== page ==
87. Mr. Braddock
asked the Minister of Health whether the R.A.M.C. officer at Hampstead, who gave his wife and daughter smallpox infection, had been vaccinated; whether the R.A.M.C. sick- berth attendant who infected his nephew with smallpox at Grays had been vaccinated; and whether the three cases of infection which developed from these two members of the R.A.M.C. were vaccinated persons.
88. Mr. Braddock
asked the Minister of Health whether he can give an assurance that the passengers on board the s.s. "Empress of India "were in formed that vaccination of smallpox contacts is a voluntary matter, and can be accepted or rejected by the passengers as they think fit.
89. Mr. Braddock
asked the Minister of Health how many cases of smallpox have been landed in the Mersey from a ship arriving from India; how many of the crew developed smallpox and were put ashore at Suez; and what was the vaccinal condition of the cases of smallpox that developed in this ship.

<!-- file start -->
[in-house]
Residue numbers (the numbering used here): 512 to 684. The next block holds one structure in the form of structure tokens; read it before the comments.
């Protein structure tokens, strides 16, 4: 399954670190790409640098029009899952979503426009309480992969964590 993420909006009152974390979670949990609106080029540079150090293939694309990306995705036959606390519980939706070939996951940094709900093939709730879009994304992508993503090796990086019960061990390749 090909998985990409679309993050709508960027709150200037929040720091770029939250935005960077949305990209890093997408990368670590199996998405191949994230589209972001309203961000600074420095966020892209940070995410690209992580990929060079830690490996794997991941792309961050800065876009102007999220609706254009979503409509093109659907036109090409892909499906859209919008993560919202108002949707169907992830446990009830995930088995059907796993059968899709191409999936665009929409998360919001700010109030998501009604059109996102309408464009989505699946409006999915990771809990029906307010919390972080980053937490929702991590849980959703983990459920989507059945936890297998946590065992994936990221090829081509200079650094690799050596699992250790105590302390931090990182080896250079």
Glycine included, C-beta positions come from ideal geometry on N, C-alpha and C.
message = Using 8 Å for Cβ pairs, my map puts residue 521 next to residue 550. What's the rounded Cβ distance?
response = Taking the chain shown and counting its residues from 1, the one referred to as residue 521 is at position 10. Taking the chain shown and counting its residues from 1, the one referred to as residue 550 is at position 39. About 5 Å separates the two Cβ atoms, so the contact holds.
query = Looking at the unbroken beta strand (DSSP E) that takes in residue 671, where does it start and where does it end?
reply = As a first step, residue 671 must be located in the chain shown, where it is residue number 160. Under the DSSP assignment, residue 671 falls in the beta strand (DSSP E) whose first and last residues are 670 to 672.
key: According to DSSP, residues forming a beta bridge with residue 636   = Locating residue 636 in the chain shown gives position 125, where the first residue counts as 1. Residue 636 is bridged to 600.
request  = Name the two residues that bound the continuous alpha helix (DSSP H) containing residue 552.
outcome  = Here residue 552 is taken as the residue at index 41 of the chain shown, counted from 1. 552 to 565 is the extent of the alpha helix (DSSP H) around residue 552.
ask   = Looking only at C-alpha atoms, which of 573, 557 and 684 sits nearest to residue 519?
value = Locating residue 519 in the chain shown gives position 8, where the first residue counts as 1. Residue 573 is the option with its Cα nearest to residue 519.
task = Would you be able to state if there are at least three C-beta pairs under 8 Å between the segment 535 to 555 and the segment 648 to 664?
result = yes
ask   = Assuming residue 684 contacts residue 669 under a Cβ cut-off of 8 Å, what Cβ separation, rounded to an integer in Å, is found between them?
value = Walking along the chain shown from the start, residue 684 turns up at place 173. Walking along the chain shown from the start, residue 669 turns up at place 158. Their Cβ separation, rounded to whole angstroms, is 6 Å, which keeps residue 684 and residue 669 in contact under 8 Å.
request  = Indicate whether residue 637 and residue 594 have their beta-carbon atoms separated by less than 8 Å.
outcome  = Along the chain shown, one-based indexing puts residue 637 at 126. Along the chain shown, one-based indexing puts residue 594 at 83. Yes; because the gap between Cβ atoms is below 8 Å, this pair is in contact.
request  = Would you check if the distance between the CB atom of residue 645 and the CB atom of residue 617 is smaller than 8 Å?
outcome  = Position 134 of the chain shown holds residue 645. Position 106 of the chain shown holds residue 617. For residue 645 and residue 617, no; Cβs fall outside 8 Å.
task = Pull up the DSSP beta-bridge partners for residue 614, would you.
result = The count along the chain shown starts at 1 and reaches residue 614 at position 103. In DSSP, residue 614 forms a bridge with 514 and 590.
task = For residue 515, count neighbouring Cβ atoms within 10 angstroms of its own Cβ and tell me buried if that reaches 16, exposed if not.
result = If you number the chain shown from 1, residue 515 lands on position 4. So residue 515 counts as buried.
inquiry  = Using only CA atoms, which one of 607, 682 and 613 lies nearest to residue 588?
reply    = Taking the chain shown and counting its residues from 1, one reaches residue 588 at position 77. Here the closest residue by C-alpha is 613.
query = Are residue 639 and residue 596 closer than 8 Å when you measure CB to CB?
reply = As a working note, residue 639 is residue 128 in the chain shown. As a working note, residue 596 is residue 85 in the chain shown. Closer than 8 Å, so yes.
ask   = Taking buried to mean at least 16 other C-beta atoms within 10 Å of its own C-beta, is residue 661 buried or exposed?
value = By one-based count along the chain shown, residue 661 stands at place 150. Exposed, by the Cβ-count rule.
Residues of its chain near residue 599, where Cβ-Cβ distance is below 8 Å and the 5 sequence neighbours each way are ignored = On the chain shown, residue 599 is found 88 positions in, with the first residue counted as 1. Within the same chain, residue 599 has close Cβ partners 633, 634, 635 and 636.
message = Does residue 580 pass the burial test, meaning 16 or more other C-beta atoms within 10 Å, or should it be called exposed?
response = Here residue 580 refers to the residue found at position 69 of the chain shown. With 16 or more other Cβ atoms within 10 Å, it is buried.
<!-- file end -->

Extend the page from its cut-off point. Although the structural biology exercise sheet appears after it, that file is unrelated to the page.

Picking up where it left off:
§ Mr. Bevan
I assume the ship referred to is the "Empress of Australia." I am118W informed that one case of smallpox (a member of the crew) was landed at Liverpool on 18th February, 1946; no member of the crew developed smallpox and was put ashore at Suez, but two cases and one suspected case (not members of the crew) were landed there. I have no information as to the vaccinal condition of the patients landed at Suez, but I am informed that the patient landed at Liverpool was vaccinated in infancy, and had been revaccinated several times during the war but without the vaccination taking.